An attempt to edit, or rather censor, Mark Twain’s The Adventures of Huckleberry Finn, one of the greatest novels ever written, has sparked off a row.
Taking offense to the occurrence of the ‘N-word’ 219 times in the book, Alan Gribbons, an Auburn University Professor, has taken up the responsibility to rid the American classic of those words. The new version of the book, which would be published by NewSouth Books in Feb 2011, will have the word ‘slave’ replace the ‘N-word’.
“It enables us to set this inflammatory racial epithet aside and begin to address the greatness of Twain’s works,” CBS quotes the professor as saying.
Gribbons told USA Today of the troubles teachers are facing due to the contents of the book, which parents and children find “injurious” and “hurtful”.
Justifying his controversial move, the Professor says that he is revising the text to make it more readable and argues that the readers would still get the essence of Twain’s message.
While there is small fraction of the society that seems to be heaving a sigh of relief on the move (ex: few mothers of school children), this attempt to “sivilize” Twain’s book just like how his character Widow Douglas tried to “sivilize” Huck has invited the ire of many. People have spoken out against the “censorship” and the revision of the masterpiece, which is considered a sin among the literary circles.
Several online campaigns have also begun. One among those is on the social networking site Facebook, titled Boycott NewSouth Books.
“The revision and censorship of literary works is wrong and should be stopped. It is wrong to “clean” the works of masters because someone is too lazy to explain to new readers why something was written the way it was. Companies that take this step need to be rebuked in the harshest form. Deny them business,” the description reads.
The campaign has already been been ‘liked’ by 100 users, it is only a matter of time before this number goes up judging from the response to the news on the revision have evoked so far.
Huckleberry Finn has been trending on Twitter for several hours now. Some of the Tweets are listed below:
jess3 wrote: “Snooki wrote a book and Huckleberry Finn is being censored. It’s official: literature is dead. Great way to start the new year!”
StephenAtHome posted: “It’s great that they took the N-word out of ‘Huckleberry Finn’. Now get to work on ‘Moby D-Word’.”
ZacGlitchBuster tweeted: “Huckleberry Finn is being censored. A tragedy. It also shows how spineless some schools are. Pathetic”
As writers and artists yourselves, we stand against any form of censorship. The move to take out the ‘N-word’ from Huckleberry Finn is a mindless act as the authenticity of the text would be lost in the process.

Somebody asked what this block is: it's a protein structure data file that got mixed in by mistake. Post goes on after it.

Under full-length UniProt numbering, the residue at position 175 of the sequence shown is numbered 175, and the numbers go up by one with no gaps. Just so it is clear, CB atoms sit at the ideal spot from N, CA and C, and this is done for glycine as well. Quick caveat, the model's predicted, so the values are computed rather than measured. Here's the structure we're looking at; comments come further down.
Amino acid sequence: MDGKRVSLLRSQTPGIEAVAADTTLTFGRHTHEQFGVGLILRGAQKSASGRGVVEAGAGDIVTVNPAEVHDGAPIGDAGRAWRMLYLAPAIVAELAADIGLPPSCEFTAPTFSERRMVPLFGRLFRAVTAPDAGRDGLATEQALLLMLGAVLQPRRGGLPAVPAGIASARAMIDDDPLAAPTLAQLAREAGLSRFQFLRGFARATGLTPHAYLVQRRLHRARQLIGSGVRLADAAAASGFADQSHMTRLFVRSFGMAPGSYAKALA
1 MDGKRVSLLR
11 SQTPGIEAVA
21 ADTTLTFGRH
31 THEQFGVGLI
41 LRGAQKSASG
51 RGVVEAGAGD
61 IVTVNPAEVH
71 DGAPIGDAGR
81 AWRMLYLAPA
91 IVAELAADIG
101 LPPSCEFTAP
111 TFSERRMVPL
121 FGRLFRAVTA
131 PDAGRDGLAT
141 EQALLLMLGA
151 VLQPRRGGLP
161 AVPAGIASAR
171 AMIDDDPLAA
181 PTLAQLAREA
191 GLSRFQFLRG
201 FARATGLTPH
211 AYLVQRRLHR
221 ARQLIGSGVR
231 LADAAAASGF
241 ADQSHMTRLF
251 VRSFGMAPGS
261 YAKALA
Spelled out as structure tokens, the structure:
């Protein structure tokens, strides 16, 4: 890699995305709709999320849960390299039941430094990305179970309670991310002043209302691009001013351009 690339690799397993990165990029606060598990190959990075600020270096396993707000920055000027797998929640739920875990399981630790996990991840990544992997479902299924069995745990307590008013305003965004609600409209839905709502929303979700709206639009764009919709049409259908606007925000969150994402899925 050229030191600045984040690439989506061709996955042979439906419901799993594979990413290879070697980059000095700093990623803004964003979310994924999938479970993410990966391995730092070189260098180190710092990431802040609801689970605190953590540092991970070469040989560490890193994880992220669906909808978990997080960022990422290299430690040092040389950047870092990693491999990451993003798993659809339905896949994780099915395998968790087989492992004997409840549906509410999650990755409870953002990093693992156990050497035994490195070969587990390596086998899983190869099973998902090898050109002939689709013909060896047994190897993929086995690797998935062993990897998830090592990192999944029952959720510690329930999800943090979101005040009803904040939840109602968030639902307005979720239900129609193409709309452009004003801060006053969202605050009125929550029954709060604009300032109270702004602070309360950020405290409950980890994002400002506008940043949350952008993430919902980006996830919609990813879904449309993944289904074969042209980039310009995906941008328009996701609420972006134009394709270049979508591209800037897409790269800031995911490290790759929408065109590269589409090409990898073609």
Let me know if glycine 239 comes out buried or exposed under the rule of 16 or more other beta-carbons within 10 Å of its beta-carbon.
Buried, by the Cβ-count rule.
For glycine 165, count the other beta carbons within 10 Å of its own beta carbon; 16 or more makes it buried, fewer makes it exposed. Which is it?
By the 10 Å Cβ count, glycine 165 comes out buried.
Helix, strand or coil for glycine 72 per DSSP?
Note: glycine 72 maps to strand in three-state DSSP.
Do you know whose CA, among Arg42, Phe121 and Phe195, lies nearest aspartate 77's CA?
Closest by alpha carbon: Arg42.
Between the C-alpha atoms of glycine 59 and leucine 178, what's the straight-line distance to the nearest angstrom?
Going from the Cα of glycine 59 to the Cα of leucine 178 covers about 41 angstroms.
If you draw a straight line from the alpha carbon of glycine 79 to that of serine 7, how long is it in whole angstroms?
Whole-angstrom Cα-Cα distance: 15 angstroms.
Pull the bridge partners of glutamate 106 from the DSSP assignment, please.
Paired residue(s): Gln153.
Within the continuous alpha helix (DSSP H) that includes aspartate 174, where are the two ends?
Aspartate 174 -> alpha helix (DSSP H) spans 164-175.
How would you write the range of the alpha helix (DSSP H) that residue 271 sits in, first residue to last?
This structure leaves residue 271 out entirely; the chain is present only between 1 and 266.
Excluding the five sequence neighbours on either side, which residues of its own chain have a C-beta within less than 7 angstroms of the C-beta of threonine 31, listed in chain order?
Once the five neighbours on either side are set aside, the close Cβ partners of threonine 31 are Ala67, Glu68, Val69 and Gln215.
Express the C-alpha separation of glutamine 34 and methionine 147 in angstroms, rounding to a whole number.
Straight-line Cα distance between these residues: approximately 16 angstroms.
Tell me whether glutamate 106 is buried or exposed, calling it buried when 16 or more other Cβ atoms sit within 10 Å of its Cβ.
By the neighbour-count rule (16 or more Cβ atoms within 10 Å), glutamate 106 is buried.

The book is based in Missouri in the 1830s and 1840s, in a time and place where the epithet was widely used. Mark Twain’s works often elicit reading under realism. The truth and the reality of the settings reflected in the book can not be obscured, to no extent what so ever.
If we can not teach our children of what constitutes the human history and the horrific realities of the centuries past, then why teach them anything at all. Don’t we read history, hoping that when it repeats itself we are equiped with enough rationality to not commit the same mistakes?
Moreover, the replacement of ‘N-word’ with “slave” only re-asserts the institution of slavery.
Besides, Twain’s efforts to capture the reality also included writing to reproduce the dialect. All those who have studied literature have learned how the writer reproduced several dialects, including the “Missouri negro dialect”. While Huck does not speak “proper English”, Jim, the slave of Miss Watson, speaks bad English with a very heavy accent.
So this revision, not only censors, but also deforms the genuineness and genius of the text; while the choice of word substitute is poor as well as pointless.
Omékongo Dibinga, a spoken word artist, rapper, actor, one of Les Brown’s hand selected platinum motivational speakers and a winner of Urban Music Award Winner, says on CNN iReport, “Editing these texts is essentially rewriting them.
“We should not be politically correct about our history. For all of American history’s positivity and negativity, it’s still our history. Let’s not try to whitewash it.”
However, one consolation for those against the revision is the fact that NewSouth is not the only publisher. The original version of the book will still be in circulation as there are several other publishers that publish the classic.